Edna Cabcabin Moran was one of the first persons to comment on Multiculturalism Rocks! I consequently visited her website and fell in love with her technique and colorful illustrations. In addition, I purchased one of her books, The Sleeping Giant—published by BeachHouse Publishing, and had ever since dreamed to interview her.
I’m normally mindful of keeping the questions to a reasonably low number, but with Edna I was eager to chat about both her art and her life in Haiwai’i; therefore this interview is divided in two parts. Enjoy! 🙂
Edna, I’m excited to welcome you on the blog. Thank you again for your time. You are of Filipino descent, and you grew up in Iceland and California. You later moved to Hawai’i. Iceland and Hawai’i seem so culturally different…
If I may ask, what impressed you the most in both places? What inspired your move to Hawai’i?
Iceland and Hawai’i are geologically and culturally striking–their volcanic landform
along with a rich tradition of stories from the sea-faring settlers beg to be recorded in
our hearts and minds. Almost everything about Iceland and Hawai’i permeates the
senses in broad strokes. How could I not be impressed?
My memories of Iceland are are largely based on its unique environment. I spent a lot
of time playing outdoors, picking wild blueberries which grew near our house, building
forts and houses from rocks and “boulders” and admiring the northern lights.
When I visited my family in Hawai’i, I was blown away by the beauty of O’ahu. The
Leeward side of O’ahu wasn’t very developed then. I recall a deep blue ocean vista
beyond a wide stretch of pineapple ﬁelds, spending the night in an old Plantation
house in Ewa Beach and hanging out at a halau (school of hula). I was obsessed with
returning to Hawai’i to live. So, I did. 🙂
How long did you live there?
After graduating from UH Manoa, I lived and worked in Honolulu for seven years.
How did your experience in Hawai’i prepare you for and inﬂuence the work you’re
It inspired my love of color. Ironically, I went through a black & white phase while in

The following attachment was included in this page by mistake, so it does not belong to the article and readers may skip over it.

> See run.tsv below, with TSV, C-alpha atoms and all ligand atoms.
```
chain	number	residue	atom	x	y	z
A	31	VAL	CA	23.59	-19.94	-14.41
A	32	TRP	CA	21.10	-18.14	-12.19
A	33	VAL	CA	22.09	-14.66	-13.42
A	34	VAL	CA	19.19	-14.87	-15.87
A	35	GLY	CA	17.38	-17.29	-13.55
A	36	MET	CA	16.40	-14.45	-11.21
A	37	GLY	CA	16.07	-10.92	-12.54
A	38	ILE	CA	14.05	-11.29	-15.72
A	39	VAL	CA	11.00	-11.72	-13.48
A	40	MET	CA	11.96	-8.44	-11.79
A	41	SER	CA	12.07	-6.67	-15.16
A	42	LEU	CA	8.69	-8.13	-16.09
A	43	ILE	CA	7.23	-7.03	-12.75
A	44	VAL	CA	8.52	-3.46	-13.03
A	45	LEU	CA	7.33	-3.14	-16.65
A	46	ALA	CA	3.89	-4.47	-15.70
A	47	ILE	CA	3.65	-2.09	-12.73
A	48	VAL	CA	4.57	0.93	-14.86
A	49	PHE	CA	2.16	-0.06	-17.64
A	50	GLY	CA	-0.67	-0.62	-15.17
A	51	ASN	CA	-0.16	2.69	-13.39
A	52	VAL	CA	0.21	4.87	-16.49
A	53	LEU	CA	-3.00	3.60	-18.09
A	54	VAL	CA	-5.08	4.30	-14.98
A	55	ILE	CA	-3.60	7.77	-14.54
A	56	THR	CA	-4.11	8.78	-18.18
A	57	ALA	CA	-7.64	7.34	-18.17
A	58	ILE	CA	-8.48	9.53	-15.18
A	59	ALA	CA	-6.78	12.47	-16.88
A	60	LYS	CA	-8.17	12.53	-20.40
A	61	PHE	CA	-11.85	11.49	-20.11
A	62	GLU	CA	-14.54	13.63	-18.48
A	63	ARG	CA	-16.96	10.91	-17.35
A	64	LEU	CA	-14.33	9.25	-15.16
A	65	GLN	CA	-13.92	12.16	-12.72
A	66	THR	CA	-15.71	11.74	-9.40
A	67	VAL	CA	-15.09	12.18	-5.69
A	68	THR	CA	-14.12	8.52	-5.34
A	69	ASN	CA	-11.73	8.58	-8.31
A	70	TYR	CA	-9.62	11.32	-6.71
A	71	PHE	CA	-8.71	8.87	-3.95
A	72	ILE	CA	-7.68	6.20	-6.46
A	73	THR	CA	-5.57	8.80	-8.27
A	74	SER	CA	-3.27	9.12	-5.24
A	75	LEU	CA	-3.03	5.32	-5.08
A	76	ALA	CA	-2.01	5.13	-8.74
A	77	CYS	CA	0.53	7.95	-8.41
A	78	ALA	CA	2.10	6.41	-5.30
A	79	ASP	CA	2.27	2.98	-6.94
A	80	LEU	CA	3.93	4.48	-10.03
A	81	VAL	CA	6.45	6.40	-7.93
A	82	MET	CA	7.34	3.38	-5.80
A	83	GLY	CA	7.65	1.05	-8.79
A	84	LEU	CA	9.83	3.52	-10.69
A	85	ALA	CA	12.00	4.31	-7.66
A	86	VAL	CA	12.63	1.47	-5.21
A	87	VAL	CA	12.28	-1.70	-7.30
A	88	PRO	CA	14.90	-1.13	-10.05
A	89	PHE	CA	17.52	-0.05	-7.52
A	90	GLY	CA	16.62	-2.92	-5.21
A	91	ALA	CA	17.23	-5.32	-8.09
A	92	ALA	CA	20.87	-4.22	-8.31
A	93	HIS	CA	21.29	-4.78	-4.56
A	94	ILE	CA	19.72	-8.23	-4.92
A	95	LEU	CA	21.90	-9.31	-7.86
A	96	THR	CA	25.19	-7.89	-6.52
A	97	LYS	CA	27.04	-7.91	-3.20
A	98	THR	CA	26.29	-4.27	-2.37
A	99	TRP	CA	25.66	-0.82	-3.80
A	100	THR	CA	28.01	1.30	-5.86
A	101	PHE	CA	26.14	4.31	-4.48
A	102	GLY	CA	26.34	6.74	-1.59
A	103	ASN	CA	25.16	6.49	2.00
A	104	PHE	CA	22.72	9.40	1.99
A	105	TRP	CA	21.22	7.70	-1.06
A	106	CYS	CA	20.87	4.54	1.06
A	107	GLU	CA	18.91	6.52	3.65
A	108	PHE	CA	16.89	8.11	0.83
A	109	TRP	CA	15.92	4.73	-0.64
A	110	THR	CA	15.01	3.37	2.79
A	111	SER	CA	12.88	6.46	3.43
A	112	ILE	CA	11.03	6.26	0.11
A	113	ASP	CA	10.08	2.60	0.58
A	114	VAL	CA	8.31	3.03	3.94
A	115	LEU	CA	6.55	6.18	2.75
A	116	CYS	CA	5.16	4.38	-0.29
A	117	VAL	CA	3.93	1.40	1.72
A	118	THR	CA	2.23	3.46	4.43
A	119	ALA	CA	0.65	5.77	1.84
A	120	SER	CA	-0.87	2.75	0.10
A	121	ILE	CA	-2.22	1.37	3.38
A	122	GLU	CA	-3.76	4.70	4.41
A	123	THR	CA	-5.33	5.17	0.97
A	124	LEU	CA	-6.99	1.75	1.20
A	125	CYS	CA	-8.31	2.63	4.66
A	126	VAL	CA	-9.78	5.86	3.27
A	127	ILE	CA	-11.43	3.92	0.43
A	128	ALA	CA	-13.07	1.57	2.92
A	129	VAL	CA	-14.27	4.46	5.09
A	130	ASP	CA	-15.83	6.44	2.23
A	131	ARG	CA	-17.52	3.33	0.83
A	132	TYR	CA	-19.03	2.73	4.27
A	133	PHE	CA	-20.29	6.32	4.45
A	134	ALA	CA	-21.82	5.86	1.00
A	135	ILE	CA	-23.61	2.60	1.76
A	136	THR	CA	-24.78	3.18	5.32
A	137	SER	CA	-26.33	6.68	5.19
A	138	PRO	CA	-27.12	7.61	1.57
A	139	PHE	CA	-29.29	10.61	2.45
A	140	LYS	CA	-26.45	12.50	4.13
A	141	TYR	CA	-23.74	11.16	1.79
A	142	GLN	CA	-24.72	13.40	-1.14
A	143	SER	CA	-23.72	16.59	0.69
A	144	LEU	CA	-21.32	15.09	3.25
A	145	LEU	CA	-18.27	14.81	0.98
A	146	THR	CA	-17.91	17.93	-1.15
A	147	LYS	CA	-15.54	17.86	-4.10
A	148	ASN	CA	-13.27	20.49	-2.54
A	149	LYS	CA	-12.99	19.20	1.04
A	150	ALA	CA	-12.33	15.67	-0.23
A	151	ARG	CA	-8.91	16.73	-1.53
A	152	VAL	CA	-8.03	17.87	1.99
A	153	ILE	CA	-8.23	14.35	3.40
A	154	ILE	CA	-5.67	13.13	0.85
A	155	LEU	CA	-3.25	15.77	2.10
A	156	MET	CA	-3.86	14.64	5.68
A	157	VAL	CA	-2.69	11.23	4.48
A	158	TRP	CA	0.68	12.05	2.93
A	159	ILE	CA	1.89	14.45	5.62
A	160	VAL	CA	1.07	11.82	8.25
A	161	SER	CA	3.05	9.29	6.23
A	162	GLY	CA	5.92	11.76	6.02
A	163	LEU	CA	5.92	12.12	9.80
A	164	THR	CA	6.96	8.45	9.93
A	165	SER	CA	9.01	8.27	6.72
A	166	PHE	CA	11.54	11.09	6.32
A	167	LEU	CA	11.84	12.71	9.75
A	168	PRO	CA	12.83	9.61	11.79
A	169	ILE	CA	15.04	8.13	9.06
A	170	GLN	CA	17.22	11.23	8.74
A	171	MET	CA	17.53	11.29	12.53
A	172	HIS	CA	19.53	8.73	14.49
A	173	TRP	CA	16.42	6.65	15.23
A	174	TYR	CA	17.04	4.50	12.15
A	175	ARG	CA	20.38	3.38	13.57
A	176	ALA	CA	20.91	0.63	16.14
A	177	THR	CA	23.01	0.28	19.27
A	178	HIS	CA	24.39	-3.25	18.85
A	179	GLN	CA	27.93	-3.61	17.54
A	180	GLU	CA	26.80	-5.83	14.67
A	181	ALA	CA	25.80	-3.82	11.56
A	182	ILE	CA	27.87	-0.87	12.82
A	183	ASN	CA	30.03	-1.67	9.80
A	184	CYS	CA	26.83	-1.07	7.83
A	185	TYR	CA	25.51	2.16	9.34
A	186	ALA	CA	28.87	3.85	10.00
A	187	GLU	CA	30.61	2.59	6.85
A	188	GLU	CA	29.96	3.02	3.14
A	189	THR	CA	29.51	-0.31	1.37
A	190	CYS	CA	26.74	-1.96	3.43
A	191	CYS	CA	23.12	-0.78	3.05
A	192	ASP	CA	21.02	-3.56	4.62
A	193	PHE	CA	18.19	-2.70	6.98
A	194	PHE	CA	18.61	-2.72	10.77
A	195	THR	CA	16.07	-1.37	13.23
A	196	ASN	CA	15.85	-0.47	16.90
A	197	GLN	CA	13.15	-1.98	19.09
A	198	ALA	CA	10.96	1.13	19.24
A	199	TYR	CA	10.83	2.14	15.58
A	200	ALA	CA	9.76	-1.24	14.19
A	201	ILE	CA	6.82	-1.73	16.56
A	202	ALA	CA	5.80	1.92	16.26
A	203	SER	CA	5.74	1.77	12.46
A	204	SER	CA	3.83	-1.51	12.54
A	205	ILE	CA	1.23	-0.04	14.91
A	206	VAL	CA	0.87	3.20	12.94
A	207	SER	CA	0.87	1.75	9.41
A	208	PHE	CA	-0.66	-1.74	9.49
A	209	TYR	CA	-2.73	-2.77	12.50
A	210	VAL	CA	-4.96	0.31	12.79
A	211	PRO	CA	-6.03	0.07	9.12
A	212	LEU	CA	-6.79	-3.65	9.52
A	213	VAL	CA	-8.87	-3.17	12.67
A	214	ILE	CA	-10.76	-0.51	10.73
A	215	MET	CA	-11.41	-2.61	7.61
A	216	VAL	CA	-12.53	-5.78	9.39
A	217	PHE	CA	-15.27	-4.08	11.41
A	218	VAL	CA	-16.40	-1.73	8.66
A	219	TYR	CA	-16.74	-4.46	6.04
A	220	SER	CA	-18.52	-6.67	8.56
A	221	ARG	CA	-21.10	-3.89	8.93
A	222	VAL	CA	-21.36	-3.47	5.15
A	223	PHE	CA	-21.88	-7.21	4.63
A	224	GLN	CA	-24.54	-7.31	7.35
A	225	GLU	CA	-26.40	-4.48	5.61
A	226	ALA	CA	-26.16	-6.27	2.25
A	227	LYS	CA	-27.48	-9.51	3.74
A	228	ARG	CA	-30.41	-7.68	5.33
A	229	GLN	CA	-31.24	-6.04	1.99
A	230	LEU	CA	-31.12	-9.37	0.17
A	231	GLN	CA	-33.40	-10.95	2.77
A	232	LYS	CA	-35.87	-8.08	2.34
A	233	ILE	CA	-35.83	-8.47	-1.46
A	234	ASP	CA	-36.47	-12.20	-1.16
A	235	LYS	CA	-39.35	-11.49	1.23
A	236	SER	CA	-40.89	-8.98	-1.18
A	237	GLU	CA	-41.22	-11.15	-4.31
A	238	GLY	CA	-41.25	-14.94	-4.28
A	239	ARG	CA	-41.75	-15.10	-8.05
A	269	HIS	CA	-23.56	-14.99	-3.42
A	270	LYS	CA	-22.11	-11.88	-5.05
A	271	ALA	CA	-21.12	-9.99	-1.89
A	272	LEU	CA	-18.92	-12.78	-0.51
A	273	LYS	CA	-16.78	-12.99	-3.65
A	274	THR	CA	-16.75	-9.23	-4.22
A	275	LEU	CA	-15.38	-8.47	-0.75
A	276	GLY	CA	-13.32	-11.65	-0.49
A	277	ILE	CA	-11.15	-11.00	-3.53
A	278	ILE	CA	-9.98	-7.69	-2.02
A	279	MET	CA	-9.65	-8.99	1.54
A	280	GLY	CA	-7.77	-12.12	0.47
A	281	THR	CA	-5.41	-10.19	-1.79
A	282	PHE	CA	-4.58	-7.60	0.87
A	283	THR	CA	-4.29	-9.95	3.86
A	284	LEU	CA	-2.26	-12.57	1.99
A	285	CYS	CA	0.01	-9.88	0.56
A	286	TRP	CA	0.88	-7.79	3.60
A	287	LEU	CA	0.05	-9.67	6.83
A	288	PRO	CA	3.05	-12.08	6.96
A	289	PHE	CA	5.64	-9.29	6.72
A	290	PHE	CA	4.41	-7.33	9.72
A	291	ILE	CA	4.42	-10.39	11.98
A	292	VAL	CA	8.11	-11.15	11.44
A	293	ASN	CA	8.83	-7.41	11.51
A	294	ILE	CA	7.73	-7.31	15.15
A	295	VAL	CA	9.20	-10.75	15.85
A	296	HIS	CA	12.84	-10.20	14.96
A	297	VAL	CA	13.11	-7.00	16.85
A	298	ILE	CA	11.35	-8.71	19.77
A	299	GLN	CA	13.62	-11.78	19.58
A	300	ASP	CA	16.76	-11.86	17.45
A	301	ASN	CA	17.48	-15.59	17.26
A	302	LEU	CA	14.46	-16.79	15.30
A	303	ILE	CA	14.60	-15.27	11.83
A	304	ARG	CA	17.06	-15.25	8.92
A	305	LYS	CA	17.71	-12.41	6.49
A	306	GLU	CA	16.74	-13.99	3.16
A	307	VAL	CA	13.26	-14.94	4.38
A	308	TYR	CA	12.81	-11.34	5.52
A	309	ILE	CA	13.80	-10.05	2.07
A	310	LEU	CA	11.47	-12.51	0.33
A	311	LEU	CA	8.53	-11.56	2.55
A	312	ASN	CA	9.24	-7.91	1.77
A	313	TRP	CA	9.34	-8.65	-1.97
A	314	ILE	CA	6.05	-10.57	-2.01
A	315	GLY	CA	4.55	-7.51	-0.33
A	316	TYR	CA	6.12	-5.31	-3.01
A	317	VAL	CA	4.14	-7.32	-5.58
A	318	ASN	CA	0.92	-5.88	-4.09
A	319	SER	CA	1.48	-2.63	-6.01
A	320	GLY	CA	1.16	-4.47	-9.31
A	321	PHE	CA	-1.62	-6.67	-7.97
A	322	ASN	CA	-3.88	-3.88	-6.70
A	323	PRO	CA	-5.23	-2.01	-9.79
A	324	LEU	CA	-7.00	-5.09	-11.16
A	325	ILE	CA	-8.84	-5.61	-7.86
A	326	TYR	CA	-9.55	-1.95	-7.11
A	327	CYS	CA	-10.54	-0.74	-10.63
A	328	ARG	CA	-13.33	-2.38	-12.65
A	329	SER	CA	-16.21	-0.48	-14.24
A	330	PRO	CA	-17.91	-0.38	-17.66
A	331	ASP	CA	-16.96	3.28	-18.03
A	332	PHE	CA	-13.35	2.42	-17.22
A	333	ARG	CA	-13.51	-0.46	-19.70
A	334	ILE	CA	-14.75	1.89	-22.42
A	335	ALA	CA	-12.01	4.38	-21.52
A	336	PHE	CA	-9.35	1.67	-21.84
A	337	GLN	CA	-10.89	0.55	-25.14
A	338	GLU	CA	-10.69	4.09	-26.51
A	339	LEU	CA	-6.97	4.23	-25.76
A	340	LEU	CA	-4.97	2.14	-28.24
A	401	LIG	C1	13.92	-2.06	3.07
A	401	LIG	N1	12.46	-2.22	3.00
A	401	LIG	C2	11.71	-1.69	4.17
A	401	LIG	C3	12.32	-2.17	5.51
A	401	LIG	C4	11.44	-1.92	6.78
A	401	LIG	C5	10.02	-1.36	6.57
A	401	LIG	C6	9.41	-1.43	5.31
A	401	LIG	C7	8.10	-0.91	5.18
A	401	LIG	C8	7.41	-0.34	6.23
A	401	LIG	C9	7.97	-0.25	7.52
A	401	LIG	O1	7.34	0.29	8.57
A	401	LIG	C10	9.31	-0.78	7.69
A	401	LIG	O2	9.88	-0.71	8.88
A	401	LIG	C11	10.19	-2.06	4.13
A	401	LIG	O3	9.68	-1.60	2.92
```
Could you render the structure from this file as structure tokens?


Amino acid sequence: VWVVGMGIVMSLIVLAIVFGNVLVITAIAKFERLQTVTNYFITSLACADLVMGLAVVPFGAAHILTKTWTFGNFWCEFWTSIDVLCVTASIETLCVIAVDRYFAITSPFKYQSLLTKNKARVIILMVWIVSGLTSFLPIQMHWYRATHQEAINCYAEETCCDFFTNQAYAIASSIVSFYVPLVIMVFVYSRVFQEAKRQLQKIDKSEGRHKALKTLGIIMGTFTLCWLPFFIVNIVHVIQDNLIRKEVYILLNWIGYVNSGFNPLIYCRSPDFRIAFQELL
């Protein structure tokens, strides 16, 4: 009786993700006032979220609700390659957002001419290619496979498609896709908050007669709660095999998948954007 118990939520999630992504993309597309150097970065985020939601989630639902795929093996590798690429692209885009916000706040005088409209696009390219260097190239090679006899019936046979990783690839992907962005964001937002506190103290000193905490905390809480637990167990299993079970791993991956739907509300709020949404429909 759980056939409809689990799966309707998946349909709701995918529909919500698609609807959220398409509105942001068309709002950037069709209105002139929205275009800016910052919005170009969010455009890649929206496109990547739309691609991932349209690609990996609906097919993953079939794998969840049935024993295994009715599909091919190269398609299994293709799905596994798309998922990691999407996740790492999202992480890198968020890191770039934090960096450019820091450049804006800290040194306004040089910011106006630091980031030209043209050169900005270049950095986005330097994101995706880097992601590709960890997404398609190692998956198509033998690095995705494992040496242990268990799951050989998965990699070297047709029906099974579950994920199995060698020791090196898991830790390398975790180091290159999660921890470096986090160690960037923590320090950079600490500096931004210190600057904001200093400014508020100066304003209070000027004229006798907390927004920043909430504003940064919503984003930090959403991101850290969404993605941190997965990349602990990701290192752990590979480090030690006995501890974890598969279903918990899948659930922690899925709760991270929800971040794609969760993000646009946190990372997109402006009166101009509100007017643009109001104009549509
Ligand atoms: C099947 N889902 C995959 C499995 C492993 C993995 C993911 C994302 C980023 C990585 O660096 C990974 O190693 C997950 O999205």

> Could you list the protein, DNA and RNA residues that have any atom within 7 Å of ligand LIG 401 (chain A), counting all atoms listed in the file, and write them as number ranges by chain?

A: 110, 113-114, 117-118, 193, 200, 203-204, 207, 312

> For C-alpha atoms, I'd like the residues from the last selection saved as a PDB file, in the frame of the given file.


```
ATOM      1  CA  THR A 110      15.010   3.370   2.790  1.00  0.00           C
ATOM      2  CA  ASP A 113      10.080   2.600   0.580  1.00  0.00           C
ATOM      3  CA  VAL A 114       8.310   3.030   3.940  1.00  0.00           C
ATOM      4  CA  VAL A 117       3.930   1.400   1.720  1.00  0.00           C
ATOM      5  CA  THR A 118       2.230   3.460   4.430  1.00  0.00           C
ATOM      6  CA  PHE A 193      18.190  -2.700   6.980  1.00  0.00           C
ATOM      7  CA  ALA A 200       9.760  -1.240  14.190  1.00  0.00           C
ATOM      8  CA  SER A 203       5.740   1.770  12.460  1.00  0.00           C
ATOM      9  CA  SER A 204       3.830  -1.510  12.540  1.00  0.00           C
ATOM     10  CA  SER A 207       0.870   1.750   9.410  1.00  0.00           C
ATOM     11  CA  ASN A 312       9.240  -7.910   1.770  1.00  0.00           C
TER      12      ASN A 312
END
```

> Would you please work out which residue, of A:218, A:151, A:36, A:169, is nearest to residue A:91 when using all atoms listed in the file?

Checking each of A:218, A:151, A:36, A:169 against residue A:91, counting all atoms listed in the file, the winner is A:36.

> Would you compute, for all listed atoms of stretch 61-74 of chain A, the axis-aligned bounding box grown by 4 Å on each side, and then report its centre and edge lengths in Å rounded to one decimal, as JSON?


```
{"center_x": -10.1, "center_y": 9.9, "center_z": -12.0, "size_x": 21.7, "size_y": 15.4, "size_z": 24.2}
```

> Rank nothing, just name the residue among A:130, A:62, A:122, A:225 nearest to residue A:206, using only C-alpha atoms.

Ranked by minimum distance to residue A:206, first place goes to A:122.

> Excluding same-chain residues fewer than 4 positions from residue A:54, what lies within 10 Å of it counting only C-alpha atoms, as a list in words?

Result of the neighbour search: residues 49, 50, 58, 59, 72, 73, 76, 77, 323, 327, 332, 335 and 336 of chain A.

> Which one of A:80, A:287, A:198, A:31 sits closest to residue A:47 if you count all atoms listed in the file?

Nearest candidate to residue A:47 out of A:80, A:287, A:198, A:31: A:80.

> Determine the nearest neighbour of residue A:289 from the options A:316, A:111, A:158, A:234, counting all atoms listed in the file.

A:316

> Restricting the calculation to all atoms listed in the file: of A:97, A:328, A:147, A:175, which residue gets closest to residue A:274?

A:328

school. My work was dark (not gruesome)—just pychologically tense and “emo.”;-)
When I moved back to CA and started building my portfolio, I tapped into memories of the lush greenery, sky-scape and ocean blues surrounding the islands.
What makes Hawai’i so unique?
Hawai’i is unique in many ways. You will ﬁnd ﬂora and fauna here that you won’t ﬁnd
anywhere else in the world. Historically and culturally, Hawai’i is the only state that
was once an industrialized nation with a history of monarchy which, sadly, was
overthrown by a business coup backed by the USA (a story rarely discussed in school
cirruculum.) The rich cultural and artistic traditions of Hawai’i are world-renowned but
greatly modiﬁed for commercial consumption. For example the “Tiki” is not of Hawaiian
origin but an imitation of Hawaiian and pan-Polynesian sculptures and religious
artifacts used for decorations at trendy bars. Modern Hawai’i is a melting pot of people
In Hawai’i, I had a relaxed, low-key island pace of living and walking speed. I resumed my fast walking speed when I returned to the mainland. Eventually, I grew used to the dull palette of colors in the city scape of the Bay Area compared to the sunny, colorful palette of tropical Hawaiian life.
In your book, The Sleeping Giant, you mention two different types of Hawaiian
storytelling: Mo’olelo and Ka’ao. Would you, please, tell us what they refer to? (personal note to Edna: your book gives such a wonderful explanation…)
Ka’ao storytelling is akin to tall tales and stories told for pure enjoyment and entertainment. Mo’olelo pertains to traditional stories and legends tied to the island’s cultural history.
My PB, The Sleeping Giant, is similar in plot to other ka’ao but it differs greatly in its premise and it contains themes and details of my own spinning. For instance, an earlier ka’ao version tells of a mysterious girl who shows up, out of the blue, and saves the day. My story makes the girl a familiar face–she is given a name and is introduced early on in the tale.
In a mo’olelo version of the Sleeping Giant, a key battle takes place between Kawelo
and the ruling chief of the time, Aikanaka. Using the art of stone-ﬁghting, Kawelo
becomes the victor and takes over the island domain. Chiefs Aikanaka and Kawelo
are actual ﬁgures in Hawaii’s history. They are remembered though mo’olelo tales
passed down from one generation to the next.
Have you learned as much as I did? Ready for more? Read the second part of the interview tomorrow. 🙂